On 6 February 2011 14:34, Nikolaus Rath <Nikolaus@rath.org> wrote:
> Chris Adams <email@example.com> writes:
>> Once upon a time, Nikolaus Rath <Nikolaus@rath.org> said:
>>> You can shrink a PV, but you will loose the extents that are stored in
>>> the space that you have truncated. I don't consider that resizing.
>> Changing the size of something is called resizing.
> How would you distinguish between the resizing done by e.g. resize2fs
> and the one done by fdisk?
fdisk will be resizing a partition or block device. resize2fs resizes
Those are all you need to reduce the size of a fs on a physical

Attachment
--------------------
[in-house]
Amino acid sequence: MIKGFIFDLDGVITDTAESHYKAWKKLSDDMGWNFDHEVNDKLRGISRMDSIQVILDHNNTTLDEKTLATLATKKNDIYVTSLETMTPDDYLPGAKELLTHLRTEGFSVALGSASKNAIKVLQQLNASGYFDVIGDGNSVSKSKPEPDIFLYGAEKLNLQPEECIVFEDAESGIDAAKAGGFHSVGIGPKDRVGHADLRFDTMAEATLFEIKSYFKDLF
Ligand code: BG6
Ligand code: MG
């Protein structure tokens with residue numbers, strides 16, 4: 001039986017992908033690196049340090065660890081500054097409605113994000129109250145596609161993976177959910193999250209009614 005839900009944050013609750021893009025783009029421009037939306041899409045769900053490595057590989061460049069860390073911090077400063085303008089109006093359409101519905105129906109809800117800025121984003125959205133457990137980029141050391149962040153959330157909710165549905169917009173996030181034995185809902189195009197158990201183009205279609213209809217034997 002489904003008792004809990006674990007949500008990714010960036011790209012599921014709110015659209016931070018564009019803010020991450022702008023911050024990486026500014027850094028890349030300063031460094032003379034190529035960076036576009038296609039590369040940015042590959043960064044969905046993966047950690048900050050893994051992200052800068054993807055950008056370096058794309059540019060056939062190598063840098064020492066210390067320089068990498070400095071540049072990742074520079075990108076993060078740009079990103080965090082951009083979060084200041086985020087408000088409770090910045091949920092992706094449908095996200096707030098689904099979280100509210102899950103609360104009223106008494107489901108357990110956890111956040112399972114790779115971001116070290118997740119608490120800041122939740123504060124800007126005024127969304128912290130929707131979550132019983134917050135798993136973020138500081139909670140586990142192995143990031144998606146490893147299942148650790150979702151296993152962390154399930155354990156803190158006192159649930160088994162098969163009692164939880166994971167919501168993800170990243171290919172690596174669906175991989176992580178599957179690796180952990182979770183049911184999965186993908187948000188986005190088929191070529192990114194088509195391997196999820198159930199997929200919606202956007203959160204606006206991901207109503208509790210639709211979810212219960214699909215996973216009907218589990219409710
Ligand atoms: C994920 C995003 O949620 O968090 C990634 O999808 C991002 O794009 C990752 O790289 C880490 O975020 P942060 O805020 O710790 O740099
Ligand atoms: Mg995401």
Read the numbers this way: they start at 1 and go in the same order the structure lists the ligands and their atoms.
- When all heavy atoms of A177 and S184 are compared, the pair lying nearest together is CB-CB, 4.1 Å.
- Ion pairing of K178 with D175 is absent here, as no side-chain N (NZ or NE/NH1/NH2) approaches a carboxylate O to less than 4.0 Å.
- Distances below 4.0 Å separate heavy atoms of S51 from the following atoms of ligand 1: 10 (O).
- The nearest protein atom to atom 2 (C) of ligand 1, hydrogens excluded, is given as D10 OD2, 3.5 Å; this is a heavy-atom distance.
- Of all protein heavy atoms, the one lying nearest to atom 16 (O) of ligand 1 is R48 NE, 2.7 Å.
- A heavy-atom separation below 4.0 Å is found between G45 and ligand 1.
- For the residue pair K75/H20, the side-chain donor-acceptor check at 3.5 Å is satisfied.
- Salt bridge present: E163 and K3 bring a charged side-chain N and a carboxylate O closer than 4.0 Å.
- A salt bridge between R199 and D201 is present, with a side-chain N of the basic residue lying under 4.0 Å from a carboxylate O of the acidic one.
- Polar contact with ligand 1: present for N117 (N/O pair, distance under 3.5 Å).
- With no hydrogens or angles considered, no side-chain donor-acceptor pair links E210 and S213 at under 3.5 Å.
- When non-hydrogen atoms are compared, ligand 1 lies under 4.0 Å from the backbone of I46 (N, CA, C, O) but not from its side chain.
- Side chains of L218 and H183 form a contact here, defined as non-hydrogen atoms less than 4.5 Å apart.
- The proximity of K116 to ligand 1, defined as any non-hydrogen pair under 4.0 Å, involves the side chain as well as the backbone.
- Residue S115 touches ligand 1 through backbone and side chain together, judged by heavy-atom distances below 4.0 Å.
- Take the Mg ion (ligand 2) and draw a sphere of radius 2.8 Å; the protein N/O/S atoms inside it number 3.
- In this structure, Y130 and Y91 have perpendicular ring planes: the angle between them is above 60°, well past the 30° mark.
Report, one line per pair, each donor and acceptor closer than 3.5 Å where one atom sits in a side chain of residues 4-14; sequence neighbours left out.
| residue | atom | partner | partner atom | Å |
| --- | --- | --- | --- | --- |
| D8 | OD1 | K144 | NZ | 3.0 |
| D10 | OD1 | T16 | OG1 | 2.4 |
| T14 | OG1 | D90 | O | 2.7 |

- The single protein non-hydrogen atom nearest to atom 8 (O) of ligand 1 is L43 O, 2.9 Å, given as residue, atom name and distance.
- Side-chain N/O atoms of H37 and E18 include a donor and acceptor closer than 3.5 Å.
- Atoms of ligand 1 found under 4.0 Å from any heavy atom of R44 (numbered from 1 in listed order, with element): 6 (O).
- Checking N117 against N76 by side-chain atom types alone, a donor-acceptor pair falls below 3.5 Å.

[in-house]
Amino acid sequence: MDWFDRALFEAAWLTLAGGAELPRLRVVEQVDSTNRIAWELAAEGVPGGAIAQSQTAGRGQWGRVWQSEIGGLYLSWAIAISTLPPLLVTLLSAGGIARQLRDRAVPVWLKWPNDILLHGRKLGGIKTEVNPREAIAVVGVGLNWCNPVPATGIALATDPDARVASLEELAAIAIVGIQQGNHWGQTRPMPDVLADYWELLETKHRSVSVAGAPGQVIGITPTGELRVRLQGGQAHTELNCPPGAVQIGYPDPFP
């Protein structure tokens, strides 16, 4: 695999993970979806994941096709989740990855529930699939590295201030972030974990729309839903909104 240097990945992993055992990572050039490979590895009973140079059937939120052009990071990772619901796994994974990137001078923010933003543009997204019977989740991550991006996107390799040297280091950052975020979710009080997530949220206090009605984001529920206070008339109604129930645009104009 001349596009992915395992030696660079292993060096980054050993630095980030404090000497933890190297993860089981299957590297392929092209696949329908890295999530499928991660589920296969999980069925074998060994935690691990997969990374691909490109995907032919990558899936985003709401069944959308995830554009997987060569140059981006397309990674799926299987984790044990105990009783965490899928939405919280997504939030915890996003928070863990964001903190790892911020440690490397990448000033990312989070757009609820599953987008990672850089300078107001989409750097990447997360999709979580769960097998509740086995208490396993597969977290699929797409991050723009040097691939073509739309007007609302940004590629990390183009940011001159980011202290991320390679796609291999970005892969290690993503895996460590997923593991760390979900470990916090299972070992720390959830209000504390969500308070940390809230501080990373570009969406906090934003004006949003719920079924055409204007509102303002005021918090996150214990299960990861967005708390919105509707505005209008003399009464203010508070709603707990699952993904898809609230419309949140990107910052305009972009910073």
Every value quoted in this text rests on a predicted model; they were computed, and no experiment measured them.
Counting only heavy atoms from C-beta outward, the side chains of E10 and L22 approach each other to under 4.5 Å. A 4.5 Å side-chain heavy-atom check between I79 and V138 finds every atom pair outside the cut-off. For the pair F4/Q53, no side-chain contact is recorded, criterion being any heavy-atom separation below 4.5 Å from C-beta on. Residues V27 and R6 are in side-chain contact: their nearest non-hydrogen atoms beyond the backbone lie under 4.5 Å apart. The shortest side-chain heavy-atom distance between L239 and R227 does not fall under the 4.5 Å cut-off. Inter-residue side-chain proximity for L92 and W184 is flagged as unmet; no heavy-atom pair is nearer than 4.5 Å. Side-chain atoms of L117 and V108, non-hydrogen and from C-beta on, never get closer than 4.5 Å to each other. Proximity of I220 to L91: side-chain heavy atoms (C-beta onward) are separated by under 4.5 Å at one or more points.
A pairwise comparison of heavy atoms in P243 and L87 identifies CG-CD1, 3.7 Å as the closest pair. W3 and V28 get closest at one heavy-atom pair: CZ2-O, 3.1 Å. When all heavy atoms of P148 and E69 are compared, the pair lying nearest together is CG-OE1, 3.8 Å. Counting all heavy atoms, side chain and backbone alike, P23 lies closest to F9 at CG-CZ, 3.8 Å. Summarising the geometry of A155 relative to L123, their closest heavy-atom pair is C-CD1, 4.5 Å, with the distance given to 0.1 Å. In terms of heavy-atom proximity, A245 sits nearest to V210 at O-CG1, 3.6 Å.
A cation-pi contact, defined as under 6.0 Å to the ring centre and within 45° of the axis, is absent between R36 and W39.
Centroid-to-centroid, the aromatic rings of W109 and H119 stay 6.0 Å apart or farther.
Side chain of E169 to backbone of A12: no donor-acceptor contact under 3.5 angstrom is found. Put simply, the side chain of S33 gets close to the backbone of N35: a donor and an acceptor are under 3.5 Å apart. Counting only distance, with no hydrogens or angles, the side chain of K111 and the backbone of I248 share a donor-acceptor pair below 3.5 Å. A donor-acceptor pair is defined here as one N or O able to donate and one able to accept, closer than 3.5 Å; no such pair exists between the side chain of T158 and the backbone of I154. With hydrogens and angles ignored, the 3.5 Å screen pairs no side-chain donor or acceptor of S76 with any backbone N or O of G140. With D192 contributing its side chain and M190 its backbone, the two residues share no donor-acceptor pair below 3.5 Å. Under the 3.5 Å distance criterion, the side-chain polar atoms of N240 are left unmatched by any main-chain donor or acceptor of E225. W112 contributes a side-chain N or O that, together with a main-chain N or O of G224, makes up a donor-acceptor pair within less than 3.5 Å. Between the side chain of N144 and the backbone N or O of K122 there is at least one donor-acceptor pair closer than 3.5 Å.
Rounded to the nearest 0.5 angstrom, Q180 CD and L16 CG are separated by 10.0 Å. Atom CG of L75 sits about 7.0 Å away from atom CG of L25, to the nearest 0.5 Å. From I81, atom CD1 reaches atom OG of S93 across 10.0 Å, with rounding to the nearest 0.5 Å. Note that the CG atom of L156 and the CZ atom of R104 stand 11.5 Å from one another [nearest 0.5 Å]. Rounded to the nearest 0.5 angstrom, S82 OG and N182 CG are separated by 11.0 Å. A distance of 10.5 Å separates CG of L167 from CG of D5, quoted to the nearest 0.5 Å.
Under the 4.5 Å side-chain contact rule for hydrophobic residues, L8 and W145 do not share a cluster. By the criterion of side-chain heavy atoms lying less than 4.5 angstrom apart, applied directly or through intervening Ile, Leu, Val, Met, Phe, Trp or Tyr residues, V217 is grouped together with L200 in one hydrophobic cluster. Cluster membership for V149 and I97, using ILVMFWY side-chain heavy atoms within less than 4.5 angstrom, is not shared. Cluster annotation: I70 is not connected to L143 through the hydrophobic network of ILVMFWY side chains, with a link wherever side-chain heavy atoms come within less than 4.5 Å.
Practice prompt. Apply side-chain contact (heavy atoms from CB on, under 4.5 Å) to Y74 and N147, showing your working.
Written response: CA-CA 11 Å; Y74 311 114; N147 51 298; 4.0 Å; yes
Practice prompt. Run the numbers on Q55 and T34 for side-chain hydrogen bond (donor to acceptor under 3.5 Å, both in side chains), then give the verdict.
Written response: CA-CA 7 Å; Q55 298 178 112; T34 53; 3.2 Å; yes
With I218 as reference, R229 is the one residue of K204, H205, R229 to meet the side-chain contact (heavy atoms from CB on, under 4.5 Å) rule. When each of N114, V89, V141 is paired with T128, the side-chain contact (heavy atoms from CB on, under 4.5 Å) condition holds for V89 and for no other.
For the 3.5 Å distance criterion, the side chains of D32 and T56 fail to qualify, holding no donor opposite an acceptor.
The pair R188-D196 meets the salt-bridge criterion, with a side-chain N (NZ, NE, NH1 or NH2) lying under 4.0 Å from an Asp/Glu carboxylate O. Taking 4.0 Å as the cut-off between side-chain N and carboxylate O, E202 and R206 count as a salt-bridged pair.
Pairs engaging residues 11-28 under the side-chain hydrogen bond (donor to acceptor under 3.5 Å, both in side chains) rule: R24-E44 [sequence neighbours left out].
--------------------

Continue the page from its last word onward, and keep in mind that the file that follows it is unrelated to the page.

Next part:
partition. But if you want to shrink that fs to less than the size of
the current data within it, then you also need to do some work first.
In LVM, you would first need to shrink your FS with resize2fs, then
you need to reduce the LV with lvreduce, then that gives you space in
your VG. You can then use pvresize to reduce the size of the PV and
finally fdisk to reduce the size of the PV's partition. Easy...
>>> Unfortunately, pvmove can only move extends to other PVs but not to a
>>> different location in the same PV.
>> Not true. *It isn't as straightforward; you have to know a map of the
>> PEs and specify them to the pvmove command like (assuming the
>> destination PEs are not in use):
>> pvmove /dev/sda2:1000-1100 /dev/sda2:100-200
> Oh, I didn't know about that. It seems that this thread finally produced
> some useful information as well, thanks!
I didn't know this either. This definitely trumps my way of
temporarily extending the VG with another PV.
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